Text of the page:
CHEM 181
September 27, 2002
Gas Constants: Boltzmann constant:
MIDTERM #1
8.31451 J K1 mol1, 8.20578 x 102 L atm K1 mol1, 1.98722 cal K1 mol1 1.3806 x 10-23 J K1 1 atm = 101325 Pa
1. 2.
(2 pt) State the 1st Law of Thermodynamics a.) (8 pts) Sketch a singl
Exam II - October 17,2007
C hern 4 81 - Prof. T . B aer
(Please print your name)
Useful and essential information:
R = 0.082 L-At/mK = 8.314 J/mK P = RT/(V-b) - aJV2 PV = RT[1 + (b - aIRT)V 1 + ( bN)2 . ] The following two lines refer to the properties o
Part 1: Equilibrium
1
The properties of gases
Solutions to exercises
Discussion questions
E1.1(b) The partial pressure of a gas in a mixture of gases is the pressure the gas would exert if it occupied alone the same container as the mixture at the same te
Mixing: Fundamental Equations
5-1
Homogenous Functions: These functions are of a specific mathematical type known
as homogeneous functions. A function f(a,b,c,x1,x2, ) is homogeneous of degree k
if:
f( a, b,c , x1 , x2 ,.) k f(a,b,c, x1 , x2 ,.)
Intensi
Fundamental Equations (Pure Substances)
Step 1. Write down differential forms
Internal Energy (dU)
st
Start with the 1 Law
dU dq dw
dU TdS PdV
Enthalpy (dH)
Start with the definition of H H U PV
dH dU PdV VdP
dH TdS PdV PdV VdP
dH TdS VdP
Helmholtz Energy
CHAPTER 1: Problems
REAL AND IDEAL GASES
Book Problems
Exercises: 1-7, 14-20; Numerical Problems: 6, 9, 15
Note: Numerical problem #6 is not in solution manual. Ans: p(N2)=0.33 atm, p(NH3)=1.33 atm
Supplemental Problems
1)
Consider a gas with the followin
Chapter 3- The Second Law
4-1
GETTING STARTED
The 2nd Law of thermodynamics deals with predicting the spontaneity of a process.
For the purposes of thermodynamics, we define.
Spontaneous process
A direction of change that does not require work to
bring i
1-1
Chapter 1: Properties of Gases
Gases are the most tractable state of matter to describe, and our goal is to
develop simple models (EOS) that can be used to predict their properties.
Real Gas
Sample
Experimentally
Observed Properties
Compare
Molecular
Exam II October 21, 2009 Chem 481 Prof. T. Baer Useful and essential information:
R = 0.082 L-At/mK = 8.314 J/mK P = RT/(V-b) - a/V2 fHo[H2O(s)] = -291.8 kJ/
_
(Please print your name)
PV = RT[1 + (b a/RT)V-1 + (b/V)2 ] Pv298 = .032 atm
The following two
Chapter 1- Equations of State
GETTING STARTED
Consider the following. You have a beaker filled with two chemical substances, A & B.
1-1
The goal of thermodynamics is to develop a theoretical framework that can predict whether or not A & B spontaneously mi
Chapter 2- The First Law
GETTING STARTED
2-1
As stated earlier (chapter 1), as far as thermodynamics is concerned, the universe can be separated into two parts: (1) the System (part we care about) and (2) the Surroundings (everything else). The First Law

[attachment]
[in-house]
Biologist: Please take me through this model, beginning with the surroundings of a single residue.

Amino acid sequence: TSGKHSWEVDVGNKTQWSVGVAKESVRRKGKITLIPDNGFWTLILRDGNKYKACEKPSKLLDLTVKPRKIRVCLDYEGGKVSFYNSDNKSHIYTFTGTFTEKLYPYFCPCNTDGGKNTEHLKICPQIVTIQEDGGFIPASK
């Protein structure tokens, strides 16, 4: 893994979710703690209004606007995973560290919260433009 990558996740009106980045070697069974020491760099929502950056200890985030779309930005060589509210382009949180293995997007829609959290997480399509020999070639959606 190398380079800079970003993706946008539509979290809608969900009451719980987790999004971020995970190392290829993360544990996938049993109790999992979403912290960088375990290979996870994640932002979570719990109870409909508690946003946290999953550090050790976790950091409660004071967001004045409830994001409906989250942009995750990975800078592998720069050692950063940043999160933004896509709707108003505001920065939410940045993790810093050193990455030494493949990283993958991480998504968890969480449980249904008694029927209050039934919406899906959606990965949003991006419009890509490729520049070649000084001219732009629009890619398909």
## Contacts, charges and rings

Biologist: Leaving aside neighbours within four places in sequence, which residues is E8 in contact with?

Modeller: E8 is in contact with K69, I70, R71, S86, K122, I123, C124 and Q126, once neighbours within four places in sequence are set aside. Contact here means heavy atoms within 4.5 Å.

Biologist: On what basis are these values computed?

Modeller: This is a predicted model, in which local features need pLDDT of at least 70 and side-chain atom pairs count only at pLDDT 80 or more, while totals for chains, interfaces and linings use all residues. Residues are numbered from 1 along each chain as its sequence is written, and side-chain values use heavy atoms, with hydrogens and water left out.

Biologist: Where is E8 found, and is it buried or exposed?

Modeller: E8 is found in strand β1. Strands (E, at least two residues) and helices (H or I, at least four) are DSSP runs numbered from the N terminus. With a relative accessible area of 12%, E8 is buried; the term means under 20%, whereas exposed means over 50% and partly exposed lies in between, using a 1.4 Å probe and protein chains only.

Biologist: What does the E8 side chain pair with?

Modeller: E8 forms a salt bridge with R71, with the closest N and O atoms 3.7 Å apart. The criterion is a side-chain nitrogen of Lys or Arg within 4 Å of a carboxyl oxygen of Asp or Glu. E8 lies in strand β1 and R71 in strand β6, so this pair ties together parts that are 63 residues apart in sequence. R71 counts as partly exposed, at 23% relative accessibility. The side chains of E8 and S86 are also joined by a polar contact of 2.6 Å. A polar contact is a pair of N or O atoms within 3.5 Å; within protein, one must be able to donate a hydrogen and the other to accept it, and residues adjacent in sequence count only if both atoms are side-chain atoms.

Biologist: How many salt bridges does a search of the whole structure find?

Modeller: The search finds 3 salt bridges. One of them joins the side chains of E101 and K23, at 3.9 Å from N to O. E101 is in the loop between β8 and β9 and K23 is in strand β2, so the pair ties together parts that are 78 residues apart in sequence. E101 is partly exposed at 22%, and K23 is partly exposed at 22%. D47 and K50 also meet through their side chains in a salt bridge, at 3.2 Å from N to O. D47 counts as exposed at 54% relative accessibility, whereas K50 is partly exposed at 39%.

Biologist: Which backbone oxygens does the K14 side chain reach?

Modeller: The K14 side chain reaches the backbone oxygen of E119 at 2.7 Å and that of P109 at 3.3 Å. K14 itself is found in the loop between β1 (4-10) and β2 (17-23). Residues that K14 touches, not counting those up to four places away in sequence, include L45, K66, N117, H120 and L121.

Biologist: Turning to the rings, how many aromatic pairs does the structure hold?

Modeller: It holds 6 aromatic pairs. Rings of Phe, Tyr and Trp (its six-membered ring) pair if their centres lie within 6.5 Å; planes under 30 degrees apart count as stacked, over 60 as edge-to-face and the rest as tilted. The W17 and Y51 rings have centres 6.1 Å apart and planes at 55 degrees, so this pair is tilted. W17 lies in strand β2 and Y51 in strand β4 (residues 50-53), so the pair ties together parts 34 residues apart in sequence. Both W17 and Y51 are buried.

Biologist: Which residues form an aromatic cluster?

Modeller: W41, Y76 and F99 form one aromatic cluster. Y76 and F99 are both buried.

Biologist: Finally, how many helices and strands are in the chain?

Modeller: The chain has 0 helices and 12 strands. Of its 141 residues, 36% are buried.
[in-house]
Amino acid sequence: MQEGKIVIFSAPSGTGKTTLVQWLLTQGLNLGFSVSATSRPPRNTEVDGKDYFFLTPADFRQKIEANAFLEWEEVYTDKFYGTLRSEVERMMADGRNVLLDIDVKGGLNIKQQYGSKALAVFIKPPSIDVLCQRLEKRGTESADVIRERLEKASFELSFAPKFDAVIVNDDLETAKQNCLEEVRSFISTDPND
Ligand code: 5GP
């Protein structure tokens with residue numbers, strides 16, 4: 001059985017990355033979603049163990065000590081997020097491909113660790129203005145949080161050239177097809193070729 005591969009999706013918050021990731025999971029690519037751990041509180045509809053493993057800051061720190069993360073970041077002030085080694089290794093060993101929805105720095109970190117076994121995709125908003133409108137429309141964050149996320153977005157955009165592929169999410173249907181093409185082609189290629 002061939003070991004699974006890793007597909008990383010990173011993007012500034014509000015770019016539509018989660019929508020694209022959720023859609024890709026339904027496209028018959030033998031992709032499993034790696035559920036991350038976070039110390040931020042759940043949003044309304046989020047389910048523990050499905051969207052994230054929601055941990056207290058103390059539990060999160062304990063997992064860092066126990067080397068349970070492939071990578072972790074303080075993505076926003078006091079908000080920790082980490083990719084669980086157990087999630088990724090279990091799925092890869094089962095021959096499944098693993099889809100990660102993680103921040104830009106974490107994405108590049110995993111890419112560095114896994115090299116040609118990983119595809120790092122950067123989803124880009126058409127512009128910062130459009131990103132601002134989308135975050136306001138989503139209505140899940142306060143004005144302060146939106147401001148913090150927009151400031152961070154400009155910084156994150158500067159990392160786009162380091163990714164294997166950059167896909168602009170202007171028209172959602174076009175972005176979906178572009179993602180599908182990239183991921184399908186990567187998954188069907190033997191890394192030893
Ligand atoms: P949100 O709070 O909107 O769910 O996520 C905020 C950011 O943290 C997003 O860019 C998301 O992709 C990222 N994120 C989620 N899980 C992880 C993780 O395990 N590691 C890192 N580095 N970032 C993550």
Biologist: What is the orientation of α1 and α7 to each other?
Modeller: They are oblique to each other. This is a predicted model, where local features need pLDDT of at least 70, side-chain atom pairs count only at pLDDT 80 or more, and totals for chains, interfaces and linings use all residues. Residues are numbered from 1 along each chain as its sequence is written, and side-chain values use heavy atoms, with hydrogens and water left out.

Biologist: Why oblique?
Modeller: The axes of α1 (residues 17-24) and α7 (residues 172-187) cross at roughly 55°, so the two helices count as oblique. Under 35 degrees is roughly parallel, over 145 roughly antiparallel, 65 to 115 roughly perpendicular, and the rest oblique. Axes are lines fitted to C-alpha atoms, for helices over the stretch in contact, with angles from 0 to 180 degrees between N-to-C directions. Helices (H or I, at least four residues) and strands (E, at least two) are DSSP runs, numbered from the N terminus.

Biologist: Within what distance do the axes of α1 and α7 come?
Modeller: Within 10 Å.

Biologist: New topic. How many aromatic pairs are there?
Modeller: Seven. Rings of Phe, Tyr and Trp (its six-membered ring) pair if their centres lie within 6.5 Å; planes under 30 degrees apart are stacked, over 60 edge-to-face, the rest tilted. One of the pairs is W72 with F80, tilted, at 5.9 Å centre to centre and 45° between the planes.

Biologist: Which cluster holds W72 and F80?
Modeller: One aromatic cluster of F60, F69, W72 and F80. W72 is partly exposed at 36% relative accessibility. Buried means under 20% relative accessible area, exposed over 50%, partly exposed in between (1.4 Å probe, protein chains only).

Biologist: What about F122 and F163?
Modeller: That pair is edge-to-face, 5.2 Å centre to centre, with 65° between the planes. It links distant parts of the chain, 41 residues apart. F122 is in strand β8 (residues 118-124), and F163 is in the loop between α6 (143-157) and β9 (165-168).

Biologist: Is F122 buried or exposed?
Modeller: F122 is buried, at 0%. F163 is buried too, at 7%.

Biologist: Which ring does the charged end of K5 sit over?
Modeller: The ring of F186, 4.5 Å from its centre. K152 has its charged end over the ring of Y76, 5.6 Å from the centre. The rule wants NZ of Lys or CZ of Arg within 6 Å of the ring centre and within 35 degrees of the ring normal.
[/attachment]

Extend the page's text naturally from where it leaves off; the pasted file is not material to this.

Chapter 3- The First Law (cont)
CALCULATING MEASURABLE CHANGE
3-1
Calculating Change along a Path: Consider calculating the change in elevation during a hike h = hi
i Change in elev for each step along path
=
f
i
dh
f
i
dh height differential: infinitesim
Chapter 2- Thermochemistry
Use calorimetry to measure the heat (q) produced or absorbed by a chemical or physical process. We can then equate q with either U if process is carried out at constant V H if process is carried out at constant P Conversely, if
Chapter 5- The Second Law
GETTING STARTED
5-1
The 2nd Law of thermodynamics deals with predicting the spontaneity of a process. For the purposes of thermodynamics, we define. Spontaneous process A direction of change that does not require work to bring it
Chapter 6- Chemical Equilibrium
NOTE: You should read AND understand Section 5.1 and 6.7 (Standard Reaction Entropies and Gibbs Energies). I do not plan on covering this material in class.
4-1
HELMHOLTZ AND GIBBS ENERGIES
To use S as a signpost for sponta
1
Mathematical Formulas for Physical Chemistry
where i = -1 sin x = (1/2i)[eix - e-ix] cos x = (1/2)[eix + e-ix] cosh x = (1/2)[ex + e-x]
Trigometric Formulas:
eix = cos x + isin x e-ix = cos x - isin x sinh x = (1/2)[ex - e-x]
Power Series Expansions:
(a
Kinetic Molecular Theory Chapter 21
3RT where u = average speed and M = Mol.Wt. M [u is actually the root mean square (rms) speed] Lets derive the famous equation: u = Force Area But what causes this Force? It is the collisions that the gas molecules make
Exam II October 17, 2007 Chem 481 Prof. T. Baer Useful and essential information:
R = 0.082 L-At/mK = 8.314 J/mK P = RT/(V-b) - a/V2 fHo[H2O(s)] = -291.8 kJ/
_
(Please print your name)
PV = RT[1 + (b a/RT)V-1 + (b/V)2 ]
The following two lines refer to th
2-1
Chapter 2- The First Law
THERMODYNAMIC SYSTEMS
For the purpose of thermodynamics, the universe is divided into two parts.
System: The part of the universe
that we are interested in.
Boundary
Surroundings: Everything else
The system and surroundings ar